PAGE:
kids. We even made teams to go over and help clean the house, because Jane
was too weak, and we felt like Bob had enough stress trying to work and take
care of Jane and the kids. But through all this we couldn’t help but
wonder, had perfect Jane done something horrible? Surely she must have to
watched as Jane got weaker and weaker. The chemo made all of her hair
fall out, so she started wearing a wig. She was losing weight because she
couldn’t keep any food down. The perfect Jane we had all known was now a
thin, feeble woman, who needed someone’s help just to sit up in bed. We
watched for months, hoping that Jane was getting better, but not seeing any
signs of it. Just when we thought all was lost, Barbara got a call from
Jane. She had just come from the hospital where she had had more tests.
There was no sign of the cancer! Barbara called all of us to pass the word.
We decided to meet at Jane’s house to celebrate with her and her family.
Somebody stopped and bought a cake, smiling with the remembrance of the old
Jane, who had never had a store-bought cake in her house. We laughed and
cried and hugged. Jane’s good news was our good news.
the next couple of months, Jane gradually got her strength back. We went
over to say hello the first day she was strong enough to walk out to get the
paper herself. Her hair had started to grow back, little short hairs stood
up all over her head. She cracked a joke about just getting home from boot
camp. You know, we realized, we kinda’ like Jane.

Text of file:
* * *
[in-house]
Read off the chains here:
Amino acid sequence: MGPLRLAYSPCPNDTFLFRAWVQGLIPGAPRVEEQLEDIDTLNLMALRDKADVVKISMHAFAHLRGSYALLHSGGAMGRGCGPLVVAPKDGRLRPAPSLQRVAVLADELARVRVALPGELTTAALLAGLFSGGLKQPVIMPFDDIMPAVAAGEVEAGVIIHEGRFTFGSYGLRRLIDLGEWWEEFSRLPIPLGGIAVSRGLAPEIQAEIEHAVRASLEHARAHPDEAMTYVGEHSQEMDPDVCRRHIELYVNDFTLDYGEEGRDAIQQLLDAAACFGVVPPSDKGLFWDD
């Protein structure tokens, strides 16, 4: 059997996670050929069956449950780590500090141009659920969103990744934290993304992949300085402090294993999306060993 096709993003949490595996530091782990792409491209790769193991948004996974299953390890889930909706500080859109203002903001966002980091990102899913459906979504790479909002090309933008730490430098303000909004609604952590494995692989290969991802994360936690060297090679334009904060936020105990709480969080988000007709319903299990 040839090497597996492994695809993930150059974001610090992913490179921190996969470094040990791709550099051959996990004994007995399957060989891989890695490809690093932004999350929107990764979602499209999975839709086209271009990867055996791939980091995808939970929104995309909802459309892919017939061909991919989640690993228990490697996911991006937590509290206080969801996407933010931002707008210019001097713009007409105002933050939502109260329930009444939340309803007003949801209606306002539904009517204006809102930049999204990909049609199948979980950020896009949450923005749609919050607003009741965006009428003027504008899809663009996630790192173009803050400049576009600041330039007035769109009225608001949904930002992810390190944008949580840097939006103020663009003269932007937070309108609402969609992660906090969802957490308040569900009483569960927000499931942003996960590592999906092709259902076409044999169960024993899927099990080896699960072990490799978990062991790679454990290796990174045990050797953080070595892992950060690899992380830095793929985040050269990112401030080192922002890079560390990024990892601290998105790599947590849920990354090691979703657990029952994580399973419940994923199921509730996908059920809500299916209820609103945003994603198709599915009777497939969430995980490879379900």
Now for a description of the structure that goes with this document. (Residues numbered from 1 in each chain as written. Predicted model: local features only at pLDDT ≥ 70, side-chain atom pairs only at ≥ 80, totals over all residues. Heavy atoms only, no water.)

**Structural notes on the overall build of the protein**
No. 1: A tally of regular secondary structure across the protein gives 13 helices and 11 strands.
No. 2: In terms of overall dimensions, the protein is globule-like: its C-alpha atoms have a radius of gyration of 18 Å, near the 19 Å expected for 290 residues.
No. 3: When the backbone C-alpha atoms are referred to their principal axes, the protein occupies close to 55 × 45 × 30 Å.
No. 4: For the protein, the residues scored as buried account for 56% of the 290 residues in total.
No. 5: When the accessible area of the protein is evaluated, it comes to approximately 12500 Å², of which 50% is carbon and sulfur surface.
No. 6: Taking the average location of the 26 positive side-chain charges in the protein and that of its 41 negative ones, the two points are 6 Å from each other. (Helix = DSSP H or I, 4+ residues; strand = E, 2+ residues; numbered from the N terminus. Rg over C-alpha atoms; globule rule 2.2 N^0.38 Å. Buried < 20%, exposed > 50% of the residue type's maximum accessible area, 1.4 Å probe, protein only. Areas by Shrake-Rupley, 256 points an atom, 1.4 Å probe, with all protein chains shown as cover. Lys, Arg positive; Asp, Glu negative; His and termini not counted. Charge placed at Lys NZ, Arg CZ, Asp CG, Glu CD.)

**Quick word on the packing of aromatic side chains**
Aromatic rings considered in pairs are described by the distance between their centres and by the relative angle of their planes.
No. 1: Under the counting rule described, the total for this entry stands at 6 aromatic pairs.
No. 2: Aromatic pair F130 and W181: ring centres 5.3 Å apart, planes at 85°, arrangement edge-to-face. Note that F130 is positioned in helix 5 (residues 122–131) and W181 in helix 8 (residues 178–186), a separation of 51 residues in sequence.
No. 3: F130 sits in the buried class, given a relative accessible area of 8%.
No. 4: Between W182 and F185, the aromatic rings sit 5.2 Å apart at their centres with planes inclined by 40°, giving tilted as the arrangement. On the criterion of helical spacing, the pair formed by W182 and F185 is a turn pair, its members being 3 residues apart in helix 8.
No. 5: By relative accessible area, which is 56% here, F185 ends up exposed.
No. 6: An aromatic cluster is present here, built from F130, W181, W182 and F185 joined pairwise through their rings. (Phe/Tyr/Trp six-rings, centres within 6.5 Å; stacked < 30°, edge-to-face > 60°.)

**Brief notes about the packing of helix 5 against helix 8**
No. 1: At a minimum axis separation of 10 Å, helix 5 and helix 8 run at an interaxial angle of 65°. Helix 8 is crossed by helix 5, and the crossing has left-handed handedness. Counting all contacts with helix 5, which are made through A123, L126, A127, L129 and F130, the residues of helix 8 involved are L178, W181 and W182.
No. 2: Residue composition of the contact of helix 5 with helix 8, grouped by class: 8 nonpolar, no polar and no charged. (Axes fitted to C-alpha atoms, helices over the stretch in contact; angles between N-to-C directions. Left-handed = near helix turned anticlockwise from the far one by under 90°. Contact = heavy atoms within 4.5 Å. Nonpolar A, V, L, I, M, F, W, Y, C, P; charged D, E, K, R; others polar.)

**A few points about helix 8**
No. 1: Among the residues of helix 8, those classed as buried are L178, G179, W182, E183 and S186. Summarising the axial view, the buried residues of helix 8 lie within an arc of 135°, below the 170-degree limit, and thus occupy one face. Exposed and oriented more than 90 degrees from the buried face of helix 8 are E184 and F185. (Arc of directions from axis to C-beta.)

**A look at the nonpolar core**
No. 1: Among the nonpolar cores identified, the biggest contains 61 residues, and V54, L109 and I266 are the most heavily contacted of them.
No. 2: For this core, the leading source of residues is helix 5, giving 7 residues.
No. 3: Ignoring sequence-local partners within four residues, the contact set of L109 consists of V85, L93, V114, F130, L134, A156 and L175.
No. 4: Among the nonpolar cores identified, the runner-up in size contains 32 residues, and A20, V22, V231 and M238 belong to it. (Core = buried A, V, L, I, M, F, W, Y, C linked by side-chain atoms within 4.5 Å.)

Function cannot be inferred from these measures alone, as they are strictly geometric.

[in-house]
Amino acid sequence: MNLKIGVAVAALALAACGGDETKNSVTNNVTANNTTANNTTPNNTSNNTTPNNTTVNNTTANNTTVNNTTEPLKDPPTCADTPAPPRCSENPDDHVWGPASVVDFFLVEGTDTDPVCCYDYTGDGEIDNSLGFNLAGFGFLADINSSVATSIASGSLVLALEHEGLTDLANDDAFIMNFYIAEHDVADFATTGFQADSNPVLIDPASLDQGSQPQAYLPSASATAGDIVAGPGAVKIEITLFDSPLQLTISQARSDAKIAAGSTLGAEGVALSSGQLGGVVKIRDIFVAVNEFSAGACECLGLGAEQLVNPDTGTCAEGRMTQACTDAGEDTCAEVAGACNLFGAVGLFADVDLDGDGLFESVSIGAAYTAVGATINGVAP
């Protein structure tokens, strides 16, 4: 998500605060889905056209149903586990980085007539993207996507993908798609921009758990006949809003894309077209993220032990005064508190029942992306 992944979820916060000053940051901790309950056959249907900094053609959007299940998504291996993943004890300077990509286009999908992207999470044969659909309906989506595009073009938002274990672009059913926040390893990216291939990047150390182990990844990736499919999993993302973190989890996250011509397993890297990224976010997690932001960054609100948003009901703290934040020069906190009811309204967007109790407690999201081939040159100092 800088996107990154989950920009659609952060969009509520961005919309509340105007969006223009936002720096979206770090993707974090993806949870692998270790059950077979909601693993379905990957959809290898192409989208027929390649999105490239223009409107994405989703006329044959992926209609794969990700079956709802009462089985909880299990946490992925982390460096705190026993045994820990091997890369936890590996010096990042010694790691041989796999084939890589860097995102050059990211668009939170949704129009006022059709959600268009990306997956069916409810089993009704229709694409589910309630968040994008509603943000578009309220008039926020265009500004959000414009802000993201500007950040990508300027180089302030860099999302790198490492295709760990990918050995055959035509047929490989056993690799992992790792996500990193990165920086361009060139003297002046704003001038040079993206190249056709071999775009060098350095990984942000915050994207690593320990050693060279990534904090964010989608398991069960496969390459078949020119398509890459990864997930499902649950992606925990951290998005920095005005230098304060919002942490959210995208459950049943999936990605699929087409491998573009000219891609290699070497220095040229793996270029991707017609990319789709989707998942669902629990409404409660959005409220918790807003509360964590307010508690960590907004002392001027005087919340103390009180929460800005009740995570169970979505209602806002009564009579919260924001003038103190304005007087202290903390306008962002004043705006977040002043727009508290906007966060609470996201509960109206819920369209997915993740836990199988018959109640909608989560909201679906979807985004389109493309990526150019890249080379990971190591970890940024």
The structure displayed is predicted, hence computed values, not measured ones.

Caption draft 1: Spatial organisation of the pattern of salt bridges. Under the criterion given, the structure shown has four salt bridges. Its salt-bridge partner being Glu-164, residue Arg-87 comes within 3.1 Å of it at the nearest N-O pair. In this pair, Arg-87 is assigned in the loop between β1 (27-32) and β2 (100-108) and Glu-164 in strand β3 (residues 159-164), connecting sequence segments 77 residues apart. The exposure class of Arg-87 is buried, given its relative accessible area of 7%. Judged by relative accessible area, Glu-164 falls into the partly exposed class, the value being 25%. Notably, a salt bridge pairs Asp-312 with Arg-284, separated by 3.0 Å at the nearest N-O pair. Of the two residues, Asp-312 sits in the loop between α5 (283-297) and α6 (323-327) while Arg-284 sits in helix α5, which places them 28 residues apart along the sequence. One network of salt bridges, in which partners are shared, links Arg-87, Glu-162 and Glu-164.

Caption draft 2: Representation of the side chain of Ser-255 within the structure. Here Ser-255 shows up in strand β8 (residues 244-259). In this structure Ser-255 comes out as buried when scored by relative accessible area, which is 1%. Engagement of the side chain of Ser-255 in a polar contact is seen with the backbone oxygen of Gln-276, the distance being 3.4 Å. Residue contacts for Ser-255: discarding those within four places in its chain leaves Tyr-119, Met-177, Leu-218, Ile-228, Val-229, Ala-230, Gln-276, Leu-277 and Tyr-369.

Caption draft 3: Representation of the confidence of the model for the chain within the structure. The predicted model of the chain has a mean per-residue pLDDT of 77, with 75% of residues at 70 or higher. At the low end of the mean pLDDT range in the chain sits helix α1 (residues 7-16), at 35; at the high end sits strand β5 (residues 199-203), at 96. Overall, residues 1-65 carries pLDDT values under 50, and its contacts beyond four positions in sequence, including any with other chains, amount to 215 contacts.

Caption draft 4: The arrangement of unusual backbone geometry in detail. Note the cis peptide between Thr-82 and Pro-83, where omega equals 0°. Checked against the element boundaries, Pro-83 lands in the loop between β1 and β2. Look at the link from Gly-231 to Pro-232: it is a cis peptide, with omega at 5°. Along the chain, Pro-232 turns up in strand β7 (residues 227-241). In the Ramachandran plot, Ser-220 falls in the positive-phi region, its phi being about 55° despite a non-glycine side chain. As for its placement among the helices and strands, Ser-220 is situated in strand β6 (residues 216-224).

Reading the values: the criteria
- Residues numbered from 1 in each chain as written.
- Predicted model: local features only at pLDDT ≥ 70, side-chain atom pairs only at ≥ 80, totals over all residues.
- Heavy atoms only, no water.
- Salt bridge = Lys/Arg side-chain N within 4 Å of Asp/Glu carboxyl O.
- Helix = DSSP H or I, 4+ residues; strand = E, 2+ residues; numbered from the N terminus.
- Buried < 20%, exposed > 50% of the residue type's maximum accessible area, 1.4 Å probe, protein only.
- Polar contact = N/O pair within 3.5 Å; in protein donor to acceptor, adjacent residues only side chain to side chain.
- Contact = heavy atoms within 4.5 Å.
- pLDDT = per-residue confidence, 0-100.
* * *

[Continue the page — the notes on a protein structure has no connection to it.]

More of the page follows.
a month later we got a special surprise. It was laity Sunday, the church
newsletter informed us, and Jane was going to be our preacher. Jane? We had
never seen Jane do anything like that before. We asked her what she was
going to say. She just smiled and said, “Just wait.” “Are you
scared?” we wanted to know. “A little,” she said, then she shook her
head and said, “a lot.”
were nervous for her when that Sunday rolled around. She looked good. She
was still on the skinny side, but her hair had grown out enough so that it
looked like a normal short hair cut. We sang a hymn and prayed, and sort of
listened to the scripture reading. We really wanted to hear what Jane was
going to say.
was nervous as she stood up. We could see her hands shaking until she placed
them on both sides of the pulpit. Jane bowed her head, took a deep breath
and slowly let it out. When she raised her head, she looked a little more
I asked our pastor if I could have a time to speak, I didn’t realize she
would put me on for the sermon on laity Sunday. I don’t know much about
preaching or writing sermons. I just wanted to tell you my story.
of you know that the past year has been a rough one for Bob and me and our
family. Most of you have been through it with us. So my speaking today is
part of my thank you to you for all the help that you have been.